“You have no idea how many times I’ve lain in bed at night and gone over the night again, wishing I’d acted that split-second earlier. And ... and every time I saw Gideon, at Order meetings, at the Ministry, I’d be reminded of that guilt, that I was responsible for the deaths of three people...”
He raised his shaking hands to his face.
“He was such an incredible man, he never had a bad word to say for anyone, and Louisa ... she was such a beautiful young woman ... they had their lives ahead of them, and in one rash move, I lost them both that future ... and every time I saw him since I’d see the hatred in his eyes, hatred caused by what I’d done-”
“He didn’t hate you,” she cut in, in a croaky, tearful voice. “He ... he blamed himself, Sirius. He thought he’d brought about their deaths. He never hated you, he hated himself, and every time he saw you, that guilt just came back to haunt him yet more ... but he never blamed you.”
She reached out a hand through the bars and grasped his, in what she hoped was a comforting gesture. He looked up at her, his eyes swimming with tears and emotion.
“I – thank you,” he said hoarsely. “Thank you for telling me this.”
“You loved Arieda.”
He closed his eyes, a resigned expression on his face.
“She was ... she was there. She was always there for me. But ... she loved Fabian.”
“I guessed.” He opened his eyes. “When you watch someone that much, you pick up things like that.”
Her heart ached for him.
And then she frowned, remembering why he was here, why she was here, and wondering why she was comforting him...
“How could you betray Lily and James? Betray us?”
Footsteps sounded down the corridor.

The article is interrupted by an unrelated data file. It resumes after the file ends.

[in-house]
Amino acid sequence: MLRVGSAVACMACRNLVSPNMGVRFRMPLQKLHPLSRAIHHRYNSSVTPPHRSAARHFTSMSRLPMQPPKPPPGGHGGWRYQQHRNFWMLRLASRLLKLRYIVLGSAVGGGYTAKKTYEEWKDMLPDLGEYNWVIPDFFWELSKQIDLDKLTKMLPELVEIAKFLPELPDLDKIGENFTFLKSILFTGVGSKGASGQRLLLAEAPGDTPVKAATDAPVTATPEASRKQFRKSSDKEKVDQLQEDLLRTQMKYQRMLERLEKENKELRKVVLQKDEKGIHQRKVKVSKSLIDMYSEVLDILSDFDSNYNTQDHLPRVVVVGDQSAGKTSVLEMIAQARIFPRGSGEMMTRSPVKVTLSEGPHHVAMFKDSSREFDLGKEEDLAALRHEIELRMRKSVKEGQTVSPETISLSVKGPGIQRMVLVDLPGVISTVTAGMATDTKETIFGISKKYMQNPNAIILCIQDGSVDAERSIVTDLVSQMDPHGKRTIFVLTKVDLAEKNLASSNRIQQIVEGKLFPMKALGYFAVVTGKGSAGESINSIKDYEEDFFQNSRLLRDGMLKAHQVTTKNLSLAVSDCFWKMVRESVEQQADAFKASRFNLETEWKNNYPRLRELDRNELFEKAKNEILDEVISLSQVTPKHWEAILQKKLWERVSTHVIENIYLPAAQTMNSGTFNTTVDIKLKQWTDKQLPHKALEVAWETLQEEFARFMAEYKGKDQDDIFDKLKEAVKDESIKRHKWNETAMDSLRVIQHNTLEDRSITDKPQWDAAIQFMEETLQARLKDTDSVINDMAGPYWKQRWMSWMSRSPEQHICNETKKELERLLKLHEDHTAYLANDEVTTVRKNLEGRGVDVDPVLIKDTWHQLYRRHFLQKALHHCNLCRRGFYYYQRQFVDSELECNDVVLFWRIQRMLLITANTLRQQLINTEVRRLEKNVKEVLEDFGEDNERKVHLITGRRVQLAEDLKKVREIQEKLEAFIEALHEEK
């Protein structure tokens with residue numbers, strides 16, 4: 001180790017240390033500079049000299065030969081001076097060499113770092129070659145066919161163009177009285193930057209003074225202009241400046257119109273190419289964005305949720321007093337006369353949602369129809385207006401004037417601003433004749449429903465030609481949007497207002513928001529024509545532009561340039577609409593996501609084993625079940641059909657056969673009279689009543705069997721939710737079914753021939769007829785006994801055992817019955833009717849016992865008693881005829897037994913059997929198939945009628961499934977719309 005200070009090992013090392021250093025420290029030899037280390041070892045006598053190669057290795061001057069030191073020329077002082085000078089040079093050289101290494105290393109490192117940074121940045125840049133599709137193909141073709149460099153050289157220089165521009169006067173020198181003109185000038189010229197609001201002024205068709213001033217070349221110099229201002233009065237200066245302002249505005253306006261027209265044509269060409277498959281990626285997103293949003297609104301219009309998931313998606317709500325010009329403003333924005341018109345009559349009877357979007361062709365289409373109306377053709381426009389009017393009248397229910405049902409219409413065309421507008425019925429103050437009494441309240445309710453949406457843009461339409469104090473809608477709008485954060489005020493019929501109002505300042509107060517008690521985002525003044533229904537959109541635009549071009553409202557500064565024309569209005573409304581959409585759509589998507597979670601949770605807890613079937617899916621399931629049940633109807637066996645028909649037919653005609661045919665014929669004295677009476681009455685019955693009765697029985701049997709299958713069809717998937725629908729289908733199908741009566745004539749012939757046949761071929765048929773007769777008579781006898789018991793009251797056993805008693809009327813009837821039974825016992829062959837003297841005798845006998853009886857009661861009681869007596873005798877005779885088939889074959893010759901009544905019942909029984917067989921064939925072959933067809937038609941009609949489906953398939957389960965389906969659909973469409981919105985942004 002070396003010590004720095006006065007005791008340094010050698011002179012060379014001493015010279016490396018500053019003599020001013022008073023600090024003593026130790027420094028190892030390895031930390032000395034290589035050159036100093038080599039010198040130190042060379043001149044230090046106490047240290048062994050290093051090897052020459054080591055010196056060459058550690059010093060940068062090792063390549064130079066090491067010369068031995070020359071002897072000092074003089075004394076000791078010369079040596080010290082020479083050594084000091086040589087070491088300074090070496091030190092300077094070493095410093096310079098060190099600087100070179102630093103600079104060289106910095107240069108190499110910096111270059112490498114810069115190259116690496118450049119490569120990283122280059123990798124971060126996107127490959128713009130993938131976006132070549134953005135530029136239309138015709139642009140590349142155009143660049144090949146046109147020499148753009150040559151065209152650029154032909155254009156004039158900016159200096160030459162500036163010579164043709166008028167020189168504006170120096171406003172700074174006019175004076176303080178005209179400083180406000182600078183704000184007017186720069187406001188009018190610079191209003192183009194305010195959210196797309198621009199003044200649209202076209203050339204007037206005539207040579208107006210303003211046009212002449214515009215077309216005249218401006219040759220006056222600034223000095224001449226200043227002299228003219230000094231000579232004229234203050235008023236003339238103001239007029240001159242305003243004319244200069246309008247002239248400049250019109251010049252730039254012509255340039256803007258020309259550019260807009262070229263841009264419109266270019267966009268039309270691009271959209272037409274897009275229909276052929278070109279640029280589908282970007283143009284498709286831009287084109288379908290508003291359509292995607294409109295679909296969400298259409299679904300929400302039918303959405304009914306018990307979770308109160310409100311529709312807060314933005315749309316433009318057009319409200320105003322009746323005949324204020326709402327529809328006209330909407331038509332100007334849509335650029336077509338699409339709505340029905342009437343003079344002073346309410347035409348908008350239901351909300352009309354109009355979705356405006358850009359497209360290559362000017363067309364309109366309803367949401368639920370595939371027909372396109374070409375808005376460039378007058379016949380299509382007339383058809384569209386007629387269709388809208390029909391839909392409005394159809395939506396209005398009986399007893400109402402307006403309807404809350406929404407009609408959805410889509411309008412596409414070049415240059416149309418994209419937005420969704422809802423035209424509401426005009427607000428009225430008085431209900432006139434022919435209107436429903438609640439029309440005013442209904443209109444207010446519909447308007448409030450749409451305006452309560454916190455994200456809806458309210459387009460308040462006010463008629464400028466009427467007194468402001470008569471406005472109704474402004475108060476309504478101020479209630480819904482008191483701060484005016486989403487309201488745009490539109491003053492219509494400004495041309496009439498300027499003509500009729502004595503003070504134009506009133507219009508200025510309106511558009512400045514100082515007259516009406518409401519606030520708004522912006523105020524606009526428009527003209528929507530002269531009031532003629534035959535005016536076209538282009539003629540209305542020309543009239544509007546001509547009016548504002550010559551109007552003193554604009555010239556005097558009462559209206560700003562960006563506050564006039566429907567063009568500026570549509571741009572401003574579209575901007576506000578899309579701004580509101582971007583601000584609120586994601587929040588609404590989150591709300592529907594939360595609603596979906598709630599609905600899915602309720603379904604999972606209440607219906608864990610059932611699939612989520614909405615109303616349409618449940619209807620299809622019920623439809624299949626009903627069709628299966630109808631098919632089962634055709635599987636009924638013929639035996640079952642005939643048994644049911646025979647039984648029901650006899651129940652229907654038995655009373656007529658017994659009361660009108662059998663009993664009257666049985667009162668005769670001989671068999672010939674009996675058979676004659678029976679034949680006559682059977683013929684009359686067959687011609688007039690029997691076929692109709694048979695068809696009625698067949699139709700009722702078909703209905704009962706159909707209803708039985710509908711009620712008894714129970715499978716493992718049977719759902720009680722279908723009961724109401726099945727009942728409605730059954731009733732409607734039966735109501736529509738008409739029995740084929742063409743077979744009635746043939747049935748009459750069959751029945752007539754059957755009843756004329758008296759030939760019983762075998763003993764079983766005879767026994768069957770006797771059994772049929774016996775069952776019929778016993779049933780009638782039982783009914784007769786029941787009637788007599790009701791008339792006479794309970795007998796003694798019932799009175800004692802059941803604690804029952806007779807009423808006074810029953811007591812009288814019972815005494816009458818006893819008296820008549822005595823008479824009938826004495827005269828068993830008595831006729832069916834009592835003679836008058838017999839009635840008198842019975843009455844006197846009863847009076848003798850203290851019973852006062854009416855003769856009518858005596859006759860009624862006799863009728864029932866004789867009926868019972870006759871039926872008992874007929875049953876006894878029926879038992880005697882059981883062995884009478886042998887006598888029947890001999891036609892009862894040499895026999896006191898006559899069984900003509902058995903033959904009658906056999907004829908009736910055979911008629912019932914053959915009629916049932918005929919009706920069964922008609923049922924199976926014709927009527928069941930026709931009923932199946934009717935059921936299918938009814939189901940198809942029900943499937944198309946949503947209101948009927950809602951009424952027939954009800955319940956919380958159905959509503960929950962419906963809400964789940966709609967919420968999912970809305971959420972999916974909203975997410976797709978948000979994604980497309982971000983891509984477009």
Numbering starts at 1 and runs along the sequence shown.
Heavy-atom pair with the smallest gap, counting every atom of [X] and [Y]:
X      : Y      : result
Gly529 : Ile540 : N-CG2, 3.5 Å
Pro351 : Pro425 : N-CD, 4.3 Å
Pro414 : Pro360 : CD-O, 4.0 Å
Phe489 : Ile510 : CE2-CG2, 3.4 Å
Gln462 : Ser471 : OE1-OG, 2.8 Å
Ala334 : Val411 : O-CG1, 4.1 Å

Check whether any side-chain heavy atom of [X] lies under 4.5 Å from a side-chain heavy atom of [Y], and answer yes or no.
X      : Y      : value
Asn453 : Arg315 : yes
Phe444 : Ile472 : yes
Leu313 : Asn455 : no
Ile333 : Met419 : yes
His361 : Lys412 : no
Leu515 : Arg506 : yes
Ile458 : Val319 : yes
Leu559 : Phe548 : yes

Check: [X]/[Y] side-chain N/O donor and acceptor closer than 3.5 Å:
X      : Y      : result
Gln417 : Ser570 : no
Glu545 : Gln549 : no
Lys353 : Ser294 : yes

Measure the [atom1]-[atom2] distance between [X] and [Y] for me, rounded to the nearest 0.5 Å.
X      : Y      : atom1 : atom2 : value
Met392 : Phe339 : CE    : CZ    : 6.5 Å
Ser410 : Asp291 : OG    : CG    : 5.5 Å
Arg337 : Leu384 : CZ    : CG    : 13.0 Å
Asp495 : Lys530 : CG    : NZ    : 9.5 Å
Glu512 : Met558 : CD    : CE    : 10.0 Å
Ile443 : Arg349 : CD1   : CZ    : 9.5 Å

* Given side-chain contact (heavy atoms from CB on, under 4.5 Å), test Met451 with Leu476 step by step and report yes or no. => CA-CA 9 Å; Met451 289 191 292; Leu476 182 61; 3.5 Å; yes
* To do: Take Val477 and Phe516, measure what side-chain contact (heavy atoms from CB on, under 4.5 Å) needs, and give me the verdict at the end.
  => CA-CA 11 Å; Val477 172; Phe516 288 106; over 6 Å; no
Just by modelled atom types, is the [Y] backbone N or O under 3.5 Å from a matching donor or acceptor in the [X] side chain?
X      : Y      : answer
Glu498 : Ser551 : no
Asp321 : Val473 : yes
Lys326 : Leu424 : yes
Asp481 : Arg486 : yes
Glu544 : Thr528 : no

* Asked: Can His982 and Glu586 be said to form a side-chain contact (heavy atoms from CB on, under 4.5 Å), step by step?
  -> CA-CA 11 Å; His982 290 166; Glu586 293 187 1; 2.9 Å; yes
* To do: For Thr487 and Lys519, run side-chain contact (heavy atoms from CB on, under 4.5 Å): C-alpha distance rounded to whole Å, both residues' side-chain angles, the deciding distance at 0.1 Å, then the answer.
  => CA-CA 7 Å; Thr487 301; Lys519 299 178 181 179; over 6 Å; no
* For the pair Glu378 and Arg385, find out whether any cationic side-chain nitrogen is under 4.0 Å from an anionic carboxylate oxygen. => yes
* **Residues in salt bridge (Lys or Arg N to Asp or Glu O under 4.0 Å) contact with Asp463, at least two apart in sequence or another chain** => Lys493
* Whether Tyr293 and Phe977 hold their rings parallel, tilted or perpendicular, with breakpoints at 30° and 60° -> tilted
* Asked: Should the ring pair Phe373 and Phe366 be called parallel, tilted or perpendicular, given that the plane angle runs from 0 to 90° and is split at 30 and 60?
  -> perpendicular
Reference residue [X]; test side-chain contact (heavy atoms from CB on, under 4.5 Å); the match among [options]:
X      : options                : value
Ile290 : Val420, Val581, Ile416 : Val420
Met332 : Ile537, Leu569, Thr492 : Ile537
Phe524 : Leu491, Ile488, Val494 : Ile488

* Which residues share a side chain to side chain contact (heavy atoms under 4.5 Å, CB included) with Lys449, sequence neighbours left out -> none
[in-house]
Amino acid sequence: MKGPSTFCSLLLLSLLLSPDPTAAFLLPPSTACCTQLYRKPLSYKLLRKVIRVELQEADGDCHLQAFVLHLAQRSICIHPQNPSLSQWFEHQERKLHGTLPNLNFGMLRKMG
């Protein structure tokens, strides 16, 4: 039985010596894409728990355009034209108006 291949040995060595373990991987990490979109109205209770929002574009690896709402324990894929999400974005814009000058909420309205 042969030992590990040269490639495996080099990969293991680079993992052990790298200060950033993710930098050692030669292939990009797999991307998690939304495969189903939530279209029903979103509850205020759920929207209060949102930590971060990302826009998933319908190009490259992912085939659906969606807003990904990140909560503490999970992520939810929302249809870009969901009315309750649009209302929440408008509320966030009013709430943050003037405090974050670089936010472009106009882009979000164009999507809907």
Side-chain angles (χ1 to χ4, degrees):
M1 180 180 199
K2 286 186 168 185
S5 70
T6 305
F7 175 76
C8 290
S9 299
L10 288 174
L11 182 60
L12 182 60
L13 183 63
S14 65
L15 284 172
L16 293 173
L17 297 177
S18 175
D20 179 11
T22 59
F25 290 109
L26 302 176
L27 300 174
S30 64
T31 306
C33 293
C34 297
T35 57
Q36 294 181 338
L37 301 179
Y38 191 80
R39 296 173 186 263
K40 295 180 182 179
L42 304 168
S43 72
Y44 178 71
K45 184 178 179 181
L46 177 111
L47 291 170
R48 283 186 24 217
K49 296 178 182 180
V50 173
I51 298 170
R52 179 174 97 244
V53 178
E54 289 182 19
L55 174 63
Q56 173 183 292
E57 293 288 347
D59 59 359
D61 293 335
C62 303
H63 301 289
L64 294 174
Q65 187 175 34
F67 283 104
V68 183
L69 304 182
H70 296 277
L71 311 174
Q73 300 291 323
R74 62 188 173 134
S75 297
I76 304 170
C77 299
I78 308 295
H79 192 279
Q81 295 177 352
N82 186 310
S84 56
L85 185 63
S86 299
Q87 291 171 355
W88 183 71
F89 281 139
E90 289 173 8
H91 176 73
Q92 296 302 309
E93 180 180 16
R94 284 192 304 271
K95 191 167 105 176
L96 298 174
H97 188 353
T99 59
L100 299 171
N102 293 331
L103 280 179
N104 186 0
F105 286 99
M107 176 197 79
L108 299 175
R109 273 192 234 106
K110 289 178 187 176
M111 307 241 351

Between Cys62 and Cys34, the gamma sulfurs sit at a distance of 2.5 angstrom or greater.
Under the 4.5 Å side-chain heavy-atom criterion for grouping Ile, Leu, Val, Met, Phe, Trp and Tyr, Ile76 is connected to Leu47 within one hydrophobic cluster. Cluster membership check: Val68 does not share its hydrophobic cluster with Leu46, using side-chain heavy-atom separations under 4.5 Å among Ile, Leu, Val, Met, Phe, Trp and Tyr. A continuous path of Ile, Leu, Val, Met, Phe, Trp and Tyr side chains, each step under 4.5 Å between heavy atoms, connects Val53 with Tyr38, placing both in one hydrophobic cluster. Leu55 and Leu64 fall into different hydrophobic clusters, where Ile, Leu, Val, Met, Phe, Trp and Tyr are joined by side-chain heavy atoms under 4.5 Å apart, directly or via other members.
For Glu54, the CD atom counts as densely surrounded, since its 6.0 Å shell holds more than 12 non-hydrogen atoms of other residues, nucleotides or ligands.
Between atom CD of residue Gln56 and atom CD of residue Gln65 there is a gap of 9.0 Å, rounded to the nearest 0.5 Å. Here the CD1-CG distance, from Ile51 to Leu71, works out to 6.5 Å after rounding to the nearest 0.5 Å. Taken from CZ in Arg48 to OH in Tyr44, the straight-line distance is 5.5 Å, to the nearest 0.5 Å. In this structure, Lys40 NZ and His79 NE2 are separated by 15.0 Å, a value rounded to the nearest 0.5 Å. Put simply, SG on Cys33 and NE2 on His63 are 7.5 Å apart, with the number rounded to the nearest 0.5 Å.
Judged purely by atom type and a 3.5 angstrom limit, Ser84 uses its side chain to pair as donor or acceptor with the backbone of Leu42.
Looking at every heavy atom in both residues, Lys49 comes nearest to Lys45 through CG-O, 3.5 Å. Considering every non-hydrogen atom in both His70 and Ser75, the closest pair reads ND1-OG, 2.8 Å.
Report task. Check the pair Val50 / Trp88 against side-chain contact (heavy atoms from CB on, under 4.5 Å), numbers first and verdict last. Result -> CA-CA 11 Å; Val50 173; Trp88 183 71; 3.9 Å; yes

His eyes widened.
“I didn’t betray them! I could never do that! After Mary died, they were all I had left ... they were my family ... I loved them, I could never betray them...”
And as she held his gaze, Araminta knew he was telling the truth.
The guards had reached them. Araminta and Sirius both scrambled to their feet, on either side of the bars; she stepped aside as one of the guards slid the bars open.
“It’s Azkaban time for you, Black,” he sneered.
His eyes filled with fear.
“A-Azkaban?” he whispered.
“Azkaban?” Araminta repeated. “But – but he hasn’t had a trial yet! You can’t send him to Azkaban without a trial-”
Another one of the guards turned to look at her, a smirk on his face.
“This madman doesn’t need a trial for us to know he’s guilty.”
Sirius’s jaw dropped.
Two of the guards grabbed hold of his arms and pulled him out of the cell.
“Wait!” Araminta burst out. “Can you give us another couple of minutes?”
The guard who had spoken laughed evilly.
“You’ve had your ten minutes,” he said cruelly. “Can’t keep the dementors waiting!”
Araminta reached out and took Sirius’s hand, and squeezed it gently.
“It’ll be okay,” she said in almost a whisper, not believing her own words.
The guards pulled him forwards, yanking his hand out of hers.
“Sirius!” She yelled after them. “Who did it?”
He half-turned his head.
Her heart went cold.
A hand grabs her arm and tugs her into the alley.
“Well, well, well,” a cold voice says. “Look who it is. The traitor.”
She does not reach for her wand.
Nobody notices the flash of green light that illuminates the alley, or hears the thump as a comatose body hits the floor. Nobody hears the evil cackle of an avenged Death Eater, or sees her scuttle away triumphantly to hunt down her next victim.